In 2000, Malcolm Gladwell’s The Tipping Point examined the phenomena that often causes products, ideas and behaviours to go from obscurity to ubiquity virtually overnight. Gladwell pointed to the “connectors” and “mavens” among us whose networking is as viral as a flu pandemic. Some of today’s new recruiting methods and tools aim to tap into this kind of power – the power of weak ties – for sourcing top candidates.
The difference today is more the medium than the method. Prior to the advent of the web about 10 years ago, most employers relied on newspaper advertising for the bulk of their day-to-day recruitment. Staffing agencies and referrals made up the rest. In 2002, the newspaper recruitment advertising industry peaked at almost US$9 billion ($10.2 billion) in North America before plummeting to under US$4 billion ($4.5 billion) in 2004. Along the way, online job boards grabbed the momentum in recruitment advertising, going from virtually nothing in 1997 to over US$2 billion ($2.3 billion) today.
But the job board industry may already be losing some steam. The candidate quality advantage gained by early internet adopters has disappeared. Today, recruiters often complain about the volume of unqualified candidates they receive from their postings, or, more frequently, about the lack of any activity at all in response to their postings.
No wonder then that recruiters are keenly interested in anything that can help source good candidates. Third-party recruiters can make this promise but the expense is prohibitive for most positions. That leaves us with employee referral. There is nothing wrong with the way many organisations manage referral programs but some new approaches may make those programs easier, less expensive and more productive.
Jason Goldberg is CEO and founder of Jobster Inc, a Seattle-based software and services provider that helps organisations source job candidates through a combination of enhanced referral and social networking. Jobster is less than a year old but already serves more than 100 customers, including Nordstrom, Cisco and Starbucks. When asked whether Jobster and companies like it are creating a brand new category in recruiting, Goldberg demurs. “It’s not a revolution, it’s an evolution,” says Goldberg. “Everyone brought their jobs online but that didn’t solve the problem. How do you get better at targeting the right people in the first place?”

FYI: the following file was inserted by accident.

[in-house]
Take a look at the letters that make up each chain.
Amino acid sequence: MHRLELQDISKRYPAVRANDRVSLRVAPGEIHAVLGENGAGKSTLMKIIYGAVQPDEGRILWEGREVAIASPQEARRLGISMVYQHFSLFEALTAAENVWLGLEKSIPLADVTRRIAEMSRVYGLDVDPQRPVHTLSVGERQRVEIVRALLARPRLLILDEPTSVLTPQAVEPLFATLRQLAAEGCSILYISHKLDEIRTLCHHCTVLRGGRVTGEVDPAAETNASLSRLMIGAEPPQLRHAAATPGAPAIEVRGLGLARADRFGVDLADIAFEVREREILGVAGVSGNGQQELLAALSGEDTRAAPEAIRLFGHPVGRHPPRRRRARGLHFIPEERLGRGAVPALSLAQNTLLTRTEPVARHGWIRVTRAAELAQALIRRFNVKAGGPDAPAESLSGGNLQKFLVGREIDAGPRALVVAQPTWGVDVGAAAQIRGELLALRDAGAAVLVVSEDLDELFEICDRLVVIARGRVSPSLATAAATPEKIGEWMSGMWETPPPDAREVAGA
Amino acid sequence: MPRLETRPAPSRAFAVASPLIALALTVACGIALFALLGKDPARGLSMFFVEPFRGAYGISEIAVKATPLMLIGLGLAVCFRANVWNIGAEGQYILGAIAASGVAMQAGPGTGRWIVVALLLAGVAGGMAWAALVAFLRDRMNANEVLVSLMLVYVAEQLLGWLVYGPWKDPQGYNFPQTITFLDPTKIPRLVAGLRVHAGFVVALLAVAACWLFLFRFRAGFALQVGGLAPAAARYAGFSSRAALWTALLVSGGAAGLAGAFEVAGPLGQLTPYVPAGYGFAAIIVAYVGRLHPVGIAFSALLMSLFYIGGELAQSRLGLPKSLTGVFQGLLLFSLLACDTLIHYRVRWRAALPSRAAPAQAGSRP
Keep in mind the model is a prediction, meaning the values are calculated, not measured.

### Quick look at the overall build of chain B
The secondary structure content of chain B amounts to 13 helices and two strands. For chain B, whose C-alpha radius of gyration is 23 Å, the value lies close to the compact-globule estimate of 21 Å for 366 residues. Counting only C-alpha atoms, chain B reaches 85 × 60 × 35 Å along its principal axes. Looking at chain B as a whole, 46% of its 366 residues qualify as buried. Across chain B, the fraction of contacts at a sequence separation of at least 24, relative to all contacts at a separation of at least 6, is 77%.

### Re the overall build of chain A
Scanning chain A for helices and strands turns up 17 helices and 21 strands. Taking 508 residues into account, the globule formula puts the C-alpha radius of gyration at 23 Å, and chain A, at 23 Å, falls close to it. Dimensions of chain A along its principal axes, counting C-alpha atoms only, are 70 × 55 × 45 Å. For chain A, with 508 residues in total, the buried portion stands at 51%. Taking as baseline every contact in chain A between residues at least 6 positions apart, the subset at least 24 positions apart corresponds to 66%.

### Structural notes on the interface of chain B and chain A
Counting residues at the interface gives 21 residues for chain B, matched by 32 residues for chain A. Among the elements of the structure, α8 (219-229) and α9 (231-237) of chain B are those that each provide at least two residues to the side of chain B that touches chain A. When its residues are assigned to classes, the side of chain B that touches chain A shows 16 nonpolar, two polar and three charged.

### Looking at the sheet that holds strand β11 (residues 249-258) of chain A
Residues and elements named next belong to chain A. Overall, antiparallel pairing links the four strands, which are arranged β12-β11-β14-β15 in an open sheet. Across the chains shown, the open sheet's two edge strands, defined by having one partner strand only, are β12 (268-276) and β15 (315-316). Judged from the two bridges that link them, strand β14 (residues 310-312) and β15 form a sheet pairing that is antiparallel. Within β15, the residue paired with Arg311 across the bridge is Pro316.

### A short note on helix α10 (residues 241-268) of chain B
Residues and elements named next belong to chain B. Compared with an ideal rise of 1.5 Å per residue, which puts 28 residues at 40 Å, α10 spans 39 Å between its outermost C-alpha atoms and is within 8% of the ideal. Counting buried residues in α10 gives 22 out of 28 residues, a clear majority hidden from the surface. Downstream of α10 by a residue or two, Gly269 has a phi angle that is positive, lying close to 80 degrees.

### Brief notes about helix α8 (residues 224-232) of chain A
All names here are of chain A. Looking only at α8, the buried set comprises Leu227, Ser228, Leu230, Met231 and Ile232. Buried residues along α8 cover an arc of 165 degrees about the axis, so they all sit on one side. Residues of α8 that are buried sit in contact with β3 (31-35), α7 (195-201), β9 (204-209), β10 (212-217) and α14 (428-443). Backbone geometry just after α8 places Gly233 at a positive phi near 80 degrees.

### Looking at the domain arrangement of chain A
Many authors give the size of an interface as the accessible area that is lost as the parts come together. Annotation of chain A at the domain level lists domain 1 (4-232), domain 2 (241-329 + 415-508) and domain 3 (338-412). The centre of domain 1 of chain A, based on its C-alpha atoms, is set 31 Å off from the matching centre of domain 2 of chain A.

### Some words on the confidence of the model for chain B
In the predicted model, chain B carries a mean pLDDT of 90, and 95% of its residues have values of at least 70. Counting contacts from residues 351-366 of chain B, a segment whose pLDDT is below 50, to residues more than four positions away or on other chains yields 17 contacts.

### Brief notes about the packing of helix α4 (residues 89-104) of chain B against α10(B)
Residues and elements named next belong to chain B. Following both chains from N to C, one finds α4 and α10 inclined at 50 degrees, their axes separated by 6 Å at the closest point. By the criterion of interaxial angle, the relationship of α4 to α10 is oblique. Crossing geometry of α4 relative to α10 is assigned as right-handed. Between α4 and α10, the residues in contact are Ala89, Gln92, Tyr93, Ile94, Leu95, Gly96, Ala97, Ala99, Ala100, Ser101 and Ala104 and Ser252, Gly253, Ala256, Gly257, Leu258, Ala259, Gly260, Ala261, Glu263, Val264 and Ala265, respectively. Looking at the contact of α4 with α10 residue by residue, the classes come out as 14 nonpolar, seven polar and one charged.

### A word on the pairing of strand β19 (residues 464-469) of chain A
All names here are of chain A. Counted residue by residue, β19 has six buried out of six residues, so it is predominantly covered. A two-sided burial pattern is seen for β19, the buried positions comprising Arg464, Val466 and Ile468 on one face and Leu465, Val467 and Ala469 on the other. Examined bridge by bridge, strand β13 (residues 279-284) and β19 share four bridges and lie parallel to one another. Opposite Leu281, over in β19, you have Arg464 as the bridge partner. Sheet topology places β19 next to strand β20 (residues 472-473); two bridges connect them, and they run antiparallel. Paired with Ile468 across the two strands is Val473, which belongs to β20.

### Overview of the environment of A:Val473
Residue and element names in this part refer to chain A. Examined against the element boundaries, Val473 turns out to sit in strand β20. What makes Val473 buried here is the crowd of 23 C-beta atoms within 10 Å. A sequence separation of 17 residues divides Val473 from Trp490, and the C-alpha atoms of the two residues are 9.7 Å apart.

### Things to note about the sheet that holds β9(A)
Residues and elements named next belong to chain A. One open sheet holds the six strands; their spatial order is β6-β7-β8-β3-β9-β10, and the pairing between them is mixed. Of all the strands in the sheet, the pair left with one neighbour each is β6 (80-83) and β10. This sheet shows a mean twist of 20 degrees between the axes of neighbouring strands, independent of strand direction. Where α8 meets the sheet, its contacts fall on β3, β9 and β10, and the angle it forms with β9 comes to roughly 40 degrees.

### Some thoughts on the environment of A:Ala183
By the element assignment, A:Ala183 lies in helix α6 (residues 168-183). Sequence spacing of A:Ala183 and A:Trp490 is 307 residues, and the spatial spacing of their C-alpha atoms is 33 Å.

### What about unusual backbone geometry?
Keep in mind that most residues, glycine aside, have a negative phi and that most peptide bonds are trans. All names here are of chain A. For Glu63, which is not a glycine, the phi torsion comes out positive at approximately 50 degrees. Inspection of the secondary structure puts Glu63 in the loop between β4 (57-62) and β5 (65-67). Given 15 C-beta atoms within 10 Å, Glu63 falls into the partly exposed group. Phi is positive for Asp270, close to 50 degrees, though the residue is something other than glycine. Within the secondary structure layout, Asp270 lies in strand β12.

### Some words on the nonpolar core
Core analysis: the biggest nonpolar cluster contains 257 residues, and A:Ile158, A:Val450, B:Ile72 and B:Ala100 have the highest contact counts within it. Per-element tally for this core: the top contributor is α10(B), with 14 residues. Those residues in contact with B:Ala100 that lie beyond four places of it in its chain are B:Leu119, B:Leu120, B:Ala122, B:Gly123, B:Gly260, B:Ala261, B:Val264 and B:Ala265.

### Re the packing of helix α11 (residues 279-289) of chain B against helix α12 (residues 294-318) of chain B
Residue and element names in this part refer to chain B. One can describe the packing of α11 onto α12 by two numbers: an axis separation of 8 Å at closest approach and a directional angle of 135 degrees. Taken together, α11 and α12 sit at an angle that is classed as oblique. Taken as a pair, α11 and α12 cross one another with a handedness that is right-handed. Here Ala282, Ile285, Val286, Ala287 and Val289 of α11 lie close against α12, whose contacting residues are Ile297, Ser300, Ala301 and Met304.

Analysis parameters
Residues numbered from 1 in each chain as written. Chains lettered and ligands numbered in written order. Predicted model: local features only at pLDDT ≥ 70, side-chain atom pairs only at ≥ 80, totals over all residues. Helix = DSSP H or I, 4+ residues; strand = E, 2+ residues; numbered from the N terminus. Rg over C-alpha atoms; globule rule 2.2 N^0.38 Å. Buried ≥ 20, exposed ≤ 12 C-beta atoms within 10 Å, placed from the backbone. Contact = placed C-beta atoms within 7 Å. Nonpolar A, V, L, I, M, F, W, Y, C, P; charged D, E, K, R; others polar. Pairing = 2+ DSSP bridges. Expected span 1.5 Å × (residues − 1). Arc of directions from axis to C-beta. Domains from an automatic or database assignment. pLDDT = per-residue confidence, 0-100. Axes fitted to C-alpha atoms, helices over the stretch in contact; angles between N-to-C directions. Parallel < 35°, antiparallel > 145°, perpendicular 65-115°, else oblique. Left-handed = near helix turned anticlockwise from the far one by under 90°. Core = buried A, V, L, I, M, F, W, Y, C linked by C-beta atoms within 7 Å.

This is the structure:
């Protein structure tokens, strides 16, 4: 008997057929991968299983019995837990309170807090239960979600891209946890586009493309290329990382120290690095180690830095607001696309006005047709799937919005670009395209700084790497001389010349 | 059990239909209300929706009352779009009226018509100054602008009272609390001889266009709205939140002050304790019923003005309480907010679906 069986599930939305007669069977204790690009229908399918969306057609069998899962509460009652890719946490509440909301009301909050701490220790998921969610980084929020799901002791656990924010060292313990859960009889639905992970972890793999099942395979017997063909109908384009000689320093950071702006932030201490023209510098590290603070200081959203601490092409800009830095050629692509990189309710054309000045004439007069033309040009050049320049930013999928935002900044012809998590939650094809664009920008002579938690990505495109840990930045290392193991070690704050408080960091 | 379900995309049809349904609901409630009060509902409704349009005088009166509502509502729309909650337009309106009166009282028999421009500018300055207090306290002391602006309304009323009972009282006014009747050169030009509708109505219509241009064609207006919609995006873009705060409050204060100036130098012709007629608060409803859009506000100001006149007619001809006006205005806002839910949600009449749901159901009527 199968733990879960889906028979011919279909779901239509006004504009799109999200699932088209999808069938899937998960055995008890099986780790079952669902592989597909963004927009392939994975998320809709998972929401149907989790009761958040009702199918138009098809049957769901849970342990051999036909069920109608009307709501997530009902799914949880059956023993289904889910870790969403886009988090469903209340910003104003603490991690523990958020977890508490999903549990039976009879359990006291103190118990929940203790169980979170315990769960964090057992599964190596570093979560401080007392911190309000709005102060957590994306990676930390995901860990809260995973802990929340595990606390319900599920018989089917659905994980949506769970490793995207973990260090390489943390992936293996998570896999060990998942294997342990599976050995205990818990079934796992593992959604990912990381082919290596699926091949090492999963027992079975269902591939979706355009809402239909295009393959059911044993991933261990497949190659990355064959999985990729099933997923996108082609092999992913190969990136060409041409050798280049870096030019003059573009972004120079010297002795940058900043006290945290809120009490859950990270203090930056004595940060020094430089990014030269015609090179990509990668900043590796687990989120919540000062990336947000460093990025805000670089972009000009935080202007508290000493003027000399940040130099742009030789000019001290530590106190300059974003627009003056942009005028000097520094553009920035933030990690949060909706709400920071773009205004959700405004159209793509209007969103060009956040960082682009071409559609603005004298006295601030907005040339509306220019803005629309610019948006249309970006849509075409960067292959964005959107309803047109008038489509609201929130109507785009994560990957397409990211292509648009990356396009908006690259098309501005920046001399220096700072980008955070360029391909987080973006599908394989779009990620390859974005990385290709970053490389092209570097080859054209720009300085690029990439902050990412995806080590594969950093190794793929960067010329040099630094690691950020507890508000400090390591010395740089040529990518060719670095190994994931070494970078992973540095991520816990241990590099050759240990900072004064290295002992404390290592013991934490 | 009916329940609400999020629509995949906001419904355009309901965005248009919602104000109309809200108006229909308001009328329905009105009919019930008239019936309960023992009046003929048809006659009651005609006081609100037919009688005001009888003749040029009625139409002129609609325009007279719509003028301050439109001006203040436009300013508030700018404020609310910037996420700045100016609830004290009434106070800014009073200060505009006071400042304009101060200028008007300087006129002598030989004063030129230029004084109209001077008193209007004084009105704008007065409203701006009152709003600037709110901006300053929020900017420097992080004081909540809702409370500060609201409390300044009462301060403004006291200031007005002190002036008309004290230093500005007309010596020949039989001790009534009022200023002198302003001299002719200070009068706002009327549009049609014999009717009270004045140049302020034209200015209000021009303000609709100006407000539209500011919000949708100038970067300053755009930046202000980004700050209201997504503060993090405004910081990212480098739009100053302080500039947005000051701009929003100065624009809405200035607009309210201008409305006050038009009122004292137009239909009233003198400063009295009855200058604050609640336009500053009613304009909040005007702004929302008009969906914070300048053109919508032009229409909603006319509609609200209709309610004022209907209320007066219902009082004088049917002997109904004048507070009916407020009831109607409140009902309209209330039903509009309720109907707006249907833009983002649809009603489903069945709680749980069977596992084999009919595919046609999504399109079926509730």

Tools like LinkedIn, Spoke and others earned our attention a few years ago because they brought the concepts of Six Degrees of Separation into a medium that could truly exploit the weak ties that connect all of us. Today, as many of these companies add recruiting to their features, there is a great deal of speculation as to what advantage early adopters might gain by using them.
Goldberg believes his company is unique among the others, in that it was designed from the ground up as a recruiting tool and remains focused on candidate sourcing. Asked how it can improve a solid employee referral plan in an organisation, he recommends that organisations enable more employees to assist in filling positions of relevance to them and to which they can leverage networks of people beyond those in their immediate circles. In other words, he believes that internet-powered networking solutions can extend employees’ networks and allow them to tap people several degrees out from those directly in their own rolodexes. Further, Goldberg encourages recruiters to go beyond referrals and into new media like blogs (he points to Microsoft’s recent use of company blogs to identify top talent as an example) and even Second Life-type virtual worlds.
But Goldberg offers a caution as well. “Part of the beauty of social networking is that there is a rarity to it. If it was easy for any of us to connect with anyone else, we would remove the scarcity and erode the value of networks. We don’t want to go overboard, we want to help employers find great people through trusted referrals. Our goal isn’t to bring strangers together.”
The jury may still be out on social networking and enhanced referral tools for recruiting, but the premise is sound. In a 2005 HCI/ExecuNet survey, 62 per cent of recruiters listed networking as their most effective means of finding senior managers and more than two-thirds of managers and executives listed networking as their best method of finding jobs. A startling 76 per cent of managers said they plan to leave their positions within the next six months. Indeed, workers are more mobile and, coming off a lengthy buyers’ market for labour, more disgruntled than ever. While they may not be looking for work on job boards or in newspapers, you can bet the smart ones are nurturing their networks.
So today, for recruiters or job seekers, tools that extend our networks may be making it less about who we know, than who the people we know, know.
By Allan Schweyer, president of the Human Capital Institute